So it's extremely important that there be dogged oversight and transparency to provide some public assurance. Will Saletan of Slate made some great points in regards to this earlier in the week. However, since the information is classified, the public will have no choice but to trust that Congress will provide the necessary oversight. And that is hopefully what the Edward Snowden revelations facilitate.

The most surprising revelation for me from this entire story is that so many (roughly 500K) contractors have security clearances to access top secret information. Now of course there's access and there's "access", but still even if the real number is 100K, it's a little worrisome. Our government contracting out over 30% of this type of work is another issue for another day. Do we really want so many civilian contractors working with such sensitive data? In this instance it's about time to revisit the old Republican canard about the private sector always being better, more efficient, etc, than the public sector. That may not be the case when it comes to defense and intelligence. And when the private companies have mostly sweet no-bid deals with the government, then it leads to the same inefficiency we harp on about Big Government.

I'm generally pretty liberal on most issues. Crime (both the prevention of and prosecution of) and counter-terrorism are areas where I'm pretty authoritarian. I don't really support Stop-and-Frisk because it has proven to be ineffective. But if it worked, I'd be on board. Perhaps, due to living in several different neighborhoods in a big city like Philadelphia with more than its share of violent crime, these issues are never just abstract philosophical civil liberties debates for me. It's a real thing I need to think about literally every time I walk down a city street. People who grew up in similar environs have much more practical, real-world takes on gun-control as well. It's tough selling the libertarian "virtues" of less gun regulation and drug decriminalization in neighborhoods like, say, North Philly, which have been ravaged by guns and drugs, as opposed to, say, rural enclaves in central PA.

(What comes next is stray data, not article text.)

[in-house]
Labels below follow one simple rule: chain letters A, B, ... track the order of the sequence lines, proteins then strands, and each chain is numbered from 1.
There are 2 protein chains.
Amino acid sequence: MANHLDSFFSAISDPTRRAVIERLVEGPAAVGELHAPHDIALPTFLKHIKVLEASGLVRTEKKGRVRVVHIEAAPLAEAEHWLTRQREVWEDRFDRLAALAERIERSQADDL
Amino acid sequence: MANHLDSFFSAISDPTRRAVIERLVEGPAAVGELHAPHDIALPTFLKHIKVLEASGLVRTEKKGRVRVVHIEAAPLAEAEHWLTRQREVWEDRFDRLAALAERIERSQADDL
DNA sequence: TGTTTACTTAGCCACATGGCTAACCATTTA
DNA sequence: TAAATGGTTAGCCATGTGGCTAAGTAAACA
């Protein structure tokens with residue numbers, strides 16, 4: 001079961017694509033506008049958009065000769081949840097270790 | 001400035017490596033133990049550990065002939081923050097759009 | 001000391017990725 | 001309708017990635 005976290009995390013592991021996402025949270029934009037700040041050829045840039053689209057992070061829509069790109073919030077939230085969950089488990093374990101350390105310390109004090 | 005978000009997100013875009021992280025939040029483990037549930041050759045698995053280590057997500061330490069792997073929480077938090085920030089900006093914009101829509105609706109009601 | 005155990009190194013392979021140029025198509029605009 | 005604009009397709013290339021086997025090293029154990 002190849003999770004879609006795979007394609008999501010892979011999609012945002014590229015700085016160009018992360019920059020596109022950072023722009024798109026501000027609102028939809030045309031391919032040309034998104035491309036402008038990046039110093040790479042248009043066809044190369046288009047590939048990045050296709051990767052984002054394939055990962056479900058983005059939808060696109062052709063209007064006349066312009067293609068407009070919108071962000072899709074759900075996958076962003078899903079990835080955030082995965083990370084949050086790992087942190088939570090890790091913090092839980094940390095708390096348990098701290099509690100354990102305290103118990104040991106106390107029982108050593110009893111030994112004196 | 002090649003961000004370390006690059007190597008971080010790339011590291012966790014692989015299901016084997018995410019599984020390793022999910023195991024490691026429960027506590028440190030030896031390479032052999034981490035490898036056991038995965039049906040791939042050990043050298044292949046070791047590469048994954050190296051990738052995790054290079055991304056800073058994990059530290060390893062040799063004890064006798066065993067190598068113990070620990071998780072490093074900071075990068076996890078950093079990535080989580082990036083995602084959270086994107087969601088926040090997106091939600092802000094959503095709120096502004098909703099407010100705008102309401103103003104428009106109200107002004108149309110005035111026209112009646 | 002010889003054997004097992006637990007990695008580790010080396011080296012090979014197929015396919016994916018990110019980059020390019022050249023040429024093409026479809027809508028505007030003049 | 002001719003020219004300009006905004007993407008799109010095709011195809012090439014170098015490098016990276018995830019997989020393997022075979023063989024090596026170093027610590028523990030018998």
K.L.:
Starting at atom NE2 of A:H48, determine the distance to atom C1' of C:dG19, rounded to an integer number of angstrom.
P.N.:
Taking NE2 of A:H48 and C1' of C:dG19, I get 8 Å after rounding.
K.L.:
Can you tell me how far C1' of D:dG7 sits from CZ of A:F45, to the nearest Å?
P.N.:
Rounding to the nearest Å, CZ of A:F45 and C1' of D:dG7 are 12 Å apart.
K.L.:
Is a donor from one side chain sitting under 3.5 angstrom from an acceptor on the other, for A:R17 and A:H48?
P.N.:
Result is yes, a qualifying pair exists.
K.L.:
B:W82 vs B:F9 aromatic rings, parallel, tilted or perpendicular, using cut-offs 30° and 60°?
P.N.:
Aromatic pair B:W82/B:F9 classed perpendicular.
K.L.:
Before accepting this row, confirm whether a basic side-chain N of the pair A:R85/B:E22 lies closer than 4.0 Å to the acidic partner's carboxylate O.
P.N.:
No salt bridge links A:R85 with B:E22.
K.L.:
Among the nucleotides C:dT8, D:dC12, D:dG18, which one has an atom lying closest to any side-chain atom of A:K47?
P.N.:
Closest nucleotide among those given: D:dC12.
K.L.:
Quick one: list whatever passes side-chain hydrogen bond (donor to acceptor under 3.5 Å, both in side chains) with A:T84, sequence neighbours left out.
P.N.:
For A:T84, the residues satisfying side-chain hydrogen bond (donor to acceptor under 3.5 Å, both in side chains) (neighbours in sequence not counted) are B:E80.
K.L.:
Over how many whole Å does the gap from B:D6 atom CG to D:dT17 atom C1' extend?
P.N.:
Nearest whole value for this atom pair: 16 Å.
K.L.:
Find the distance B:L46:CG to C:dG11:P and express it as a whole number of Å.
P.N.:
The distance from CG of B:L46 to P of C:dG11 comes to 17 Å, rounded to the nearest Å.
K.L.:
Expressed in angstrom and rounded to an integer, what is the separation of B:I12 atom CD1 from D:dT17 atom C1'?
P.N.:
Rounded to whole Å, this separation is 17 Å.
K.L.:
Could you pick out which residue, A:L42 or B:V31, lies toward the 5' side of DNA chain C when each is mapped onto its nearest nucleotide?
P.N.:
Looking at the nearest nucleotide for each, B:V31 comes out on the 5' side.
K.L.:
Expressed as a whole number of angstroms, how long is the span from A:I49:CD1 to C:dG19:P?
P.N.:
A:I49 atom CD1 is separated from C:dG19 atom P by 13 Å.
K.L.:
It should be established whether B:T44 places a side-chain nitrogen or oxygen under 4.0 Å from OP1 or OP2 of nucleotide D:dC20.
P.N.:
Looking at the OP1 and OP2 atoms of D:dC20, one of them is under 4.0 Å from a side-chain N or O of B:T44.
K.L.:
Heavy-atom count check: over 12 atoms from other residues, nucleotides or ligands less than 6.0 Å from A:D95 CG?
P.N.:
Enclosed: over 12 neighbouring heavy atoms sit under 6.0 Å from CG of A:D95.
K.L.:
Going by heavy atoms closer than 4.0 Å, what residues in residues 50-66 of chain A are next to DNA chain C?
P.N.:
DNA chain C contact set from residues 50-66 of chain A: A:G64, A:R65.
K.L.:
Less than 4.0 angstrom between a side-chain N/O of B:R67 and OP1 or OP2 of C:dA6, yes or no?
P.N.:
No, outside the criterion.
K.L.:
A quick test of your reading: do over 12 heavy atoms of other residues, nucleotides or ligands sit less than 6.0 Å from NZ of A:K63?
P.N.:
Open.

So my perspective on this issue is that crime or fear of crime eventually curtails liberty. So a reasonable sacrifice of a little privacy to help reduce or prevent crime and terrorism is the foundation that allows us to achieve life, liberty, and the pursuit of happiness. Michael Grunwald sums up this point of view in Time more eloquently here.

Most of the extreme slippery-slope arguments against any law tend to be presented in absence of more legitimate points that address here-and-now particulars. "This may make sense now or may prevent x, but in 40 years y could happen!" should not be taken seriously as an argument. The same lazy argument could be used against any law that's on the books.

The government won't be taking your guns if background-check laws are enacted. And the government will not be viewing your cell phone call logs unless you call someone, who called someone, who called someone, who called a suspected terrorist at some point in the last five years. It's a high-tech version of police detectives dropping by your house to "ask you a few questions" about a particular case if they believed you might be tangentially connected to one of the suspects.

Rightly or wrongly, the executive branch and the intelligence agencies are held accountable for any potential terrorist attack. The natural human response then is for people in those positions to do everything legally and technologically possible to prevent terrorist attacks. And the same "cover your ass" incentives line up politically for those people to keep their jobs, as it should be in a responsive, functioning democracy. It would be unrealistic for us to expect our leaders to not use every technological advantage at their disposal to prevent crime/terrorism and keep tabs on our enemies. The surveillance state will continue to get bigger, not smaller. This is the path our country has been on since the beginning of the Cold War and there's no turning back.